Christabel Johanson reviews the work of British photographer Jennie Baptiste, whose parents moved to London from St. Lucia in the 1960s. Here are excerpts from the review published in Africanah.org.
London-born Jennie Baptiste has been working as a photographer for several years. Focusing on music and youth culture, her work has been exhibited in Paris, Berlin, New York and London. She has been featured in the V&A Museum, National Portrait Gallery as well as the Black Cultural Archives.
With the swelling protests around the globe, it is fitting that we catch up with Baptiste now when at the forefront of the demonstrations is the black community and its youth calling out police injustice, political inaction and social prejudices. As Baptiste’s work has been a marker of contemporary black experience, heritage and life, what does she think of this latest wave of unrest? [. . .]
Perhaps one of her most striking photographs is the above one entitled Pinky. Shot in 2002, Baptiste explores the merging of music and fashion in her subject who is adorned head to toe in pink. Not only did the subject only wear pink but her home was also decorated in shades of pink. Pinky’s flamboyant dress-sense reflects her lifestyle as a Dancehall Queen in Brixton and the suggestive clothing can be seen as empowering and expressive. Baptiste’s lens offers a different perspective to what would otherwise have been labelled too sexually provocative or lurid by mainstream media. It is important to understand that as a black female, Baptiste offers an intrinsically different viewpoint than the Male Gaze. Her focus was on the strength of the women, how they represented themselves and their body confidence. These are virtues that would otherwise be exalted and promoted in Feminist circles. Furthermore, dancehall music and culture are an important part of Caribbean identity, with its own traditions and history which would otherwise have been disregarded as just another fad.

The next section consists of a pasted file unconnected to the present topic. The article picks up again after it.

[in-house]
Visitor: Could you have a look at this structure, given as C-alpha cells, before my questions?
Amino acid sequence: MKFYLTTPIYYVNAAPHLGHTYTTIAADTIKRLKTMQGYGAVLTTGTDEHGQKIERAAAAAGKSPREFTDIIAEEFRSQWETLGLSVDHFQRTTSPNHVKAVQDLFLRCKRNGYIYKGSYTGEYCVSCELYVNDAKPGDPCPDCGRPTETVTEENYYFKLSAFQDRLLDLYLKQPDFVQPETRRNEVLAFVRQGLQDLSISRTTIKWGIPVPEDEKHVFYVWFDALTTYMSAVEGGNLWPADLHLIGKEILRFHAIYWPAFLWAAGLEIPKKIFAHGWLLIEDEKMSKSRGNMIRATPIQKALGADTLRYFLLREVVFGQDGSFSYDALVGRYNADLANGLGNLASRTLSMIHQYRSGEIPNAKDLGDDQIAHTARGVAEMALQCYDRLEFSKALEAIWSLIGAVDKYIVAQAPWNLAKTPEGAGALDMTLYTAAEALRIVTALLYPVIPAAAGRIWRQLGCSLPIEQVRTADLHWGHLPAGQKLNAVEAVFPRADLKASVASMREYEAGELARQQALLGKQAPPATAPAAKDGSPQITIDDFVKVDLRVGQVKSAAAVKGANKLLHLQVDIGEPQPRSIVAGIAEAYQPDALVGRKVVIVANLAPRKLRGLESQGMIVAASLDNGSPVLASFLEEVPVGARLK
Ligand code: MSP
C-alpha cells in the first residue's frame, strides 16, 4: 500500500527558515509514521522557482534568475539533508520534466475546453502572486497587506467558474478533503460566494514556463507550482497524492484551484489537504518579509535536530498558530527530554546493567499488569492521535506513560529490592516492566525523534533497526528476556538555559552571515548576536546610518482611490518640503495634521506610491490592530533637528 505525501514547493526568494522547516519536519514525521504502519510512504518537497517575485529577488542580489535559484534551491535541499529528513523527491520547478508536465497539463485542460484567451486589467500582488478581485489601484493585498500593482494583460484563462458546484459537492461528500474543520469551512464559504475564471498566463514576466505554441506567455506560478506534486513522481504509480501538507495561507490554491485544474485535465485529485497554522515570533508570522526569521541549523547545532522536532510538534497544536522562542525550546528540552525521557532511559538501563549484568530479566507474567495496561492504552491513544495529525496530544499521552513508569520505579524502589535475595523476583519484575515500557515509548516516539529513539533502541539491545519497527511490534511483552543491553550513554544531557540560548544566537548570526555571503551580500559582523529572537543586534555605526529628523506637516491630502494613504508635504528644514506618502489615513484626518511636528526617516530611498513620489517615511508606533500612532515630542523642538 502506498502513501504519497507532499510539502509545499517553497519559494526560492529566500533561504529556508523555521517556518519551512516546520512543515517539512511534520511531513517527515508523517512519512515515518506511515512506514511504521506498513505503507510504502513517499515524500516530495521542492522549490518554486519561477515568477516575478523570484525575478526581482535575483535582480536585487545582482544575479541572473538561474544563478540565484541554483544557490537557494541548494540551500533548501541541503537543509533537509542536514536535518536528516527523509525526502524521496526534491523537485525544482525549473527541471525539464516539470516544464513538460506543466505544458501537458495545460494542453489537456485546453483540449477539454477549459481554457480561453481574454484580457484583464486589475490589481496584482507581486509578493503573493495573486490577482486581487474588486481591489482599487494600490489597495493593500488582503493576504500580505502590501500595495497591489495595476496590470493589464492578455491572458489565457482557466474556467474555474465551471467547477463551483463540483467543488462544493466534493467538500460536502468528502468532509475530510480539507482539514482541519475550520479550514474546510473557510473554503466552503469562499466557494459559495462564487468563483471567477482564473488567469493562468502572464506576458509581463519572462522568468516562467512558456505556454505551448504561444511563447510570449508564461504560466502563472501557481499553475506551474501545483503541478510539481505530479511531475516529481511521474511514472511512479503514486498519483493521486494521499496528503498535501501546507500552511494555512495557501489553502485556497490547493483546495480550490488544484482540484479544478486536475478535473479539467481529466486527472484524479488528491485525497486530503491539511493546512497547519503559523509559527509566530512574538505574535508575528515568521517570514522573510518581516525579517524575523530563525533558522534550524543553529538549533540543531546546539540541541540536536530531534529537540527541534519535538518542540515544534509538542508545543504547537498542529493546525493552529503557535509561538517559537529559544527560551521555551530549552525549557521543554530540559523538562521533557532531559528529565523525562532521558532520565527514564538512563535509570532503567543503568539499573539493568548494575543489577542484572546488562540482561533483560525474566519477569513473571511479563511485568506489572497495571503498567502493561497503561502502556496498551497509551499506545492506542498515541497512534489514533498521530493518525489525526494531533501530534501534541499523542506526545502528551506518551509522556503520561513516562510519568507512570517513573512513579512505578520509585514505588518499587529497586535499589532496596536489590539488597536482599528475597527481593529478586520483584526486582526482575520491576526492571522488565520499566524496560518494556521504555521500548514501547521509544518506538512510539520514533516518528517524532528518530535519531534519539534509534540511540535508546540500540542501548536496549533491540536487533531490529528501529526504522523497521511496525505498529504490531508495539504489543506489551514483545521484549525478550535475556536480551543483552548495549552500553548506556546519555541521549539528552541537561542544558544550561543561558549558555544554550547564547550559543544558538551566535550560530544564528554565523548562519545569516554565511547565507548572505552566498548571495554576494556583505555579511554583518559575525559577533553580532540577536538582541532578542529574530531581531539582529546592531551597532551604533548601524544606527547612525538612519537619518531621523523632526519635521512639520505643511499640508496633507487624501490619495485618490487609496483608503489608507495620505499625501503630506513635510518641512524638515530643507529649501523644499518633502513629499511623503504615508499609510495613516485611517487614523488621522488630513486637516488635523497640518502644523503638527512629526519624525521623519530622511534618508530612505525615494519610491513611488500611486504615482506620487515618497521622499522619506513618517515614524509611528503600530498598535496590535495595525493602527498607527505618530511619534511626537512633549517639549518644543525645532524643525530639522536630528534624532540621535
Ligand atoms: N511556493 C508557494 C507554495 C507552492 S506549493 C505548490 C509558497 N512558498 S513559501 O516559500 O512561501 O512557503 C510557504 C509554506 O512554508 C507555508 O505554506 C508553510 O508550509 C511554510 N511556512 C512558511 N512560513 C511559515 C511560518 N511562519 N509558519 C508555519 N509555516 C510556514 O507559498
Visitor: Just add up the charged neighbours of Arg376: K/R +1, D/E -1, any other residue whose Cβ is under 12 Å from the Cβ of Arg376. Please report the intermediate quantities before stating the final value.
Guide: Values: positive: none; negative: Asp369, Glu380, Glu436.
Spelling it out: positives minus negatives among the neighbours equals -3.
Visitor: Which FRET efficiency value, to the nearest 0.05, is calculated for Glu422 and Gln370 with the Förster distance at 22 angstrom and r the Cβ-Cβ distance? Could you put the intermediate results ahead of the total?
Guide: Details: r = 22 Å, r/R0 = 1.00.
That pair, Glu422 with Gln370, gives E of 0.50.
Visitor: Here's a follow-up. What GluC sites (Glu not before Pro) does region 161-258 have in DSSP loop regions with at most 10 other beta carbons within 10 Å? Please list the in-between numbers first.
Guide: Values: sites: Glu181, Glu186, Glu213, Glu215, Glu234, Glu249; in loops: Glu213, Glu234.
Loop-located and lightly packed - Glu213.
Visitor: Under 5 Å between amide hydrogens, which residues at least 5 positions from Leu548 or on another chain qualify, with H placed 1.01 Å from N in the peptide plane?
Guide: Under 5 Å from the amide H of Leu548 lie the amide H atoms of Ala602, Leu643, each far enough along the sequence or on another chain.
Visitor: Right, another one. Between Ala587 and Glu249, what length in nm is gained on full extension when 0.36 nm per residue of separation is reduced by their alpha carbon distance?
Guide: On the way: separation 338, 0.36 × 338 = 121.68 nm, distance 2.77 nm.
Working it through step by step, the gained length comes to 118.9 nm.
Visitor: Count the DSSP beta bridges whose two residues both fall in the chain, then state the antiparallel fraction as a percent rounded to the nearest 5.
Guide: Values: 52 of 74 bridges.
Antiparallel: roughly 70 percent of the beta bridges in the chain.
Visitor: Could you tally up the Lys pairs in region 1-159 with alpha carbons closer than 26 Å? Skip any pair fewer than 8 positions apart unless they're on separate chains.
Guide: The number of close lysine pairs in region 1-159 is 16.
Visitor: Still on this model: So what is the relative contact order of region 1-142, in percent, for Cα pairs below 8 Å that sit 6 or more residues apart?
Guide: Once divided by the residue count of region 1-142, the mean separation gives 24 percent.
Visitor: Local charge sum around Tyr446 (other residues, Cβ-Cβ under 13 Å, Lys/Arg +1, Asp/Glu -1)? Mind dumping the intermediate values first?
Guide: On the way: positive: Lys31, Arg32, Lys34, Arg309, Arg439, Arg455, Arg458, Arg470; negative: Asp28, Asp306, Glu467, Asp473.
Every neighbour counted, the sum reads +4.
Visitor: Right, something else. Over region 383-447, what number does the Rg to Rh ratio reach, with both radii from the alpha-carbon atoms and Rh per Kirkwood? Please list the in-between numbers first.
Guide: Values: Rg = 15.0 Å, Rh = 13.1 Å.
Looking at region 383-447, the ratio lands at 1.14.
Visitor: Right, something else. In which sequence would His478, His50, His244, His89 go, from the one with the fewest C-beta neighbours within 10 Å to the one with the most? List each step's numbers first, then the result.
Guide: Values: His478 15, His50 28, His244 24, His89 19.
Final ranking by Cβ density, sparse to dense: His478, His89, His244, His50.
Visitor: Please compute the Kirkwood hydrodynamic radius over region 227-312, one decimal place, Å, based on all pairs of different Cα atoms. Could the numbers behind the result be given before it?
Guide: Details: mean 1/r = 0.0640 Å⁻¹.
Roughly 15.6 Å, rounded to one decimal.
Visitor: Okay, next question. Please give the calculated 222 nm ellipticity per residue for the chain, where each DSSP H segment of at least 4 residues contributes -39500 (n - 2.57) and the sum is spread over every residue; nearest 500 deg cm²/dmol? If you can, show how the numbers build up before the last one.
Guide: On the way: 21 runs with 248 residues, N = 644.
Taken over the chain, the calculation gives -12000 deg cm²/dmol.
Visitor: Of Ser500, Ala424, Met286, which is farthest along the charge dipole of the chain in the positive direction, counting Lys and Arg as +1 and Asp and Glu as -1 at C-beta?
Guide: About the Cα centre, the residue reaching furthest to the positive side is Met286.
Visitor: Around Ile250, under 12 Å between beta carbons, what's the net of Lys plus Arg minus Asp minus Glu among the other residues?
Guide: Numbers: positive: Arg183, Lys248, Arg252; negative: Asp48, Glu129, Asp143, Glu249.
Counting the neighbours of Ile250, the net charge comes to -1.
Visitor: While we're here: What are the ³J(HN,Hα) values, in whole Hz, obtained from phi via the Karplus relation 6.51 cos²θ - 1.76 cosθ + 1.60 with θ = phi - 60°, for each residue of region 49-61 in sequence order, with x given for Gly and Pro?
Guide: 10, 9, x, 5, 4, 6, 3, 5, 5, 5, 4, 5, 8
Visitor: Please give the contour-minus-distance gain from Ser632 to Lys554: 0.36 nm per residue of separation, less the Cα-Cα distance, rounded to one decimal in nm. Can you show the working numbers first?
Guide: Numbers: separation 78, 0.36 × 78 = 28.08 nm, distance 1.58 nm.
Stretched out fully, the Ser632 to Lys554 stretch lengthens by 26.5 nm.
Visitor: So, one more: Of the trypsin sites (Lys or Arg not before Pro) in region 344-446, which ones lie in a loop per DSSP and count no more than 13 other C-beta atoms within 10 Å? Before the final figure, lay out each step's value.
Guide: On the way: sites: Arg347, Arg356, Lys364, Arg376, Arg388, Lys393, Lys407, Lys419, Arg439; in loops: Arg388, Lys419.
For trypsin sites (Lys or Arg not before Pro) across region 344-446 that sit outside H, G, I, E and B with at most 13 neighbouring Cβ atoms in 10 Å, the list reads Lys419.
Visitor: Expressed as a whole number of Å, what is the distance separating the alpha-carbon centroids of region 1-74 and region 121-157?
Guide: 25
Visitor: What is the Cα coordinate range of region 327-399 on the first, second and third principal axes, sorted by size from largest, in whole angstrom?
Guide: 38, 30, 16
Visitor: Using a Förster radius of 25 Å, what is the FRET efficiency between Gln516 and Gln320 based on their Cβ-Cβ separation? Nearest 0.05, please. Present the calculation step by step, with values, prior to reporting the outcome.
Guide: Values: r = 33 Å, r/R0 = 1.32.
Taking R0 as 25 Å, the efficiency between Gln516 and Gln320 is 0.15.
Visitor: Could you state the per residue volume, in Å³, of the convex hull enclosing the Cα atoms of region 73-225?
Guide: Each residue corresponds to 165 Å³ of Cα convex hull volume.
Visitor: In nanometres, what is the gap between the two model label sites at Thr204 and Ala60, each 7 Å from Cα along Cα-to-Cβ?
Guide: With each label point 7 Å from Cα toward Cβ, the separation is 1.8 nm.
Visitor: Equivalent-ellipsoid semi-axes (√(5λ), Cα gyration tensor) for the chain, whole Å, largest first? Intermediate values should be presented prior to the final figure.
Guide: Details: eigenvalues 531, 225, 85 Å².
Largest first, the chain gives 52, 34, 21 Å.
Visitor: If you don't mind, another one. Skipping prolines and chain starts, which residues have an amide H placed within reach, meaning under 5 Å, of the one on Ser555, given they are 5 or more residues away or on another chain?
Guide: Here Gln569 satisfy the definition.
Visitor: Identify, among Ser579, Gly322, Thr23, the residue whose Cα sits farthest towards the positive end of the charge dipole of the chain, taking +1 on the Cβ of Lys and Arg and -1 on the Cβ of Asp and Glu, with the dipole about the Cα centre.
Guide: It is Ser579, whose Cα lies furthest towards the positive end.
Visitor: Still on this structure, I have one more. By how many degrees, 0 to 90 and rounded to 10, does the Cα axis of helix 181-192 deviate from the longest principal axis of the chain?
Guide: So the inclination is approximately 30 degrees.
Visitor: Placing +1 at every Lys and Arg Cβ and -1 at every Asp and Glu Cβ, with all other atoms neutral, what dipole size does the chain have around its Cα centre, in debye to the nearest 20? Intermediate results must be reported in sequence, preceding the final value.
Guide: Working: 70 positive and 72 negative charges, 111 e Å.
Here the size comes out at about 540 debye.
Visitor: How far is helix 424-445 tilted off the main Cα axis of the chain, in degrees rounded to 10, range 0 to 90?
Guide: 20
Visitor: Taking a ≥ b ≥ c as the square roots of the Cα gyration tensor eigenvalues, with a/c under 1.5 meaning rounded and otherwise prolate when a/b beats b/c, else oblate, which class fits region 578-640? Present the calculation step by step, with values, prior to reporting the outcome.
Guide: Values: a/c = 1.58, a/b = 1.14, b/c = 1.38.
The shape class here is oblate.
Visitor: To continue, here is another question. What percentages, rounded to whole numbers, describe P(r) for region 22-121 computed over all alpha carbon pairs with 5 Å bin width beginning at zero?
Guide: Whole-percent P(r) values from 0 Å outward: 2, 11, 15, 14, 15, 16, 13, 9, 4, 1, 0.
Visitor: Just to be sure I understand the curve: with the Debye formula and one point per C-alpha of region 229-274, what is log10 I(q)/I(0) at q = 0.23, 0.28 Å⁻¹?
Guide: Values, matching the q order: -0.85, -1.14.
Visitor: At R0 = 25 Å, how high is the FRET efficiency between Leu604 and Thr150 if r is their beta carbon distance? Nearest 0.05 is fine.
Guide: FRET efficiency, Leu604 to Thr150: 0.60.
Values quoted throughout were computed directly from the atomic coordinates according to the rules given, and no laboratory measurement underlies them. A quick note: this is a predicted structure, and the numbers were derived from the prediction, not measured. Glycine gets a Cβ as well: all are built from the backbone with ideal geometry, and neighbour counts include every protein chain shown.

In fact, as a teenager, Baptiste’s dreams of becoming a photographer were disregarded by her career’s officer. At the time raga and dancehall wasn’t being depicted in the mainstream and she was told that her project didn’t mean anything as it was about a “throwaway culture”.
Here lies a big theme and reason why preserving the past through an authentic lens in vital. Mainstream media is being revealed as more of a propaganda machine rather than an outlet for truth. Long before George Floyd’s death, the media have been accused of portraying black people as criminals and propagating harmful stereotypes of the community. This feeds society’s beliefs and reactions towards them. In particular black men have had trouble finding satisfying mainstream role models that aren’t aggressive, “thuggish” or sexually threatening. Baptiste believes the media offer a distorted representation of their lives which “can then lead to negative real-world experiences.” [. . .]
Inspired by performers across broad creative backgrounds, Baptiste cites inspiration from Stevie Wonder, Bob Marley and Lauryn Hill as well as photographers and other artists like Gordon Parks, Albert Watson, and Derrick Adams. For her the creative importance and longevity of black art is here to stay. “Black art has always been around, like the Harlem Renaissance which came about in the 1920s. We have always existed within this creative space and will continue to do so.” [. . .]
For full article and photos, see https://africanah.org/jennie-baptiste/
See artist’s page at http://www.jenniebaptistephotography.com/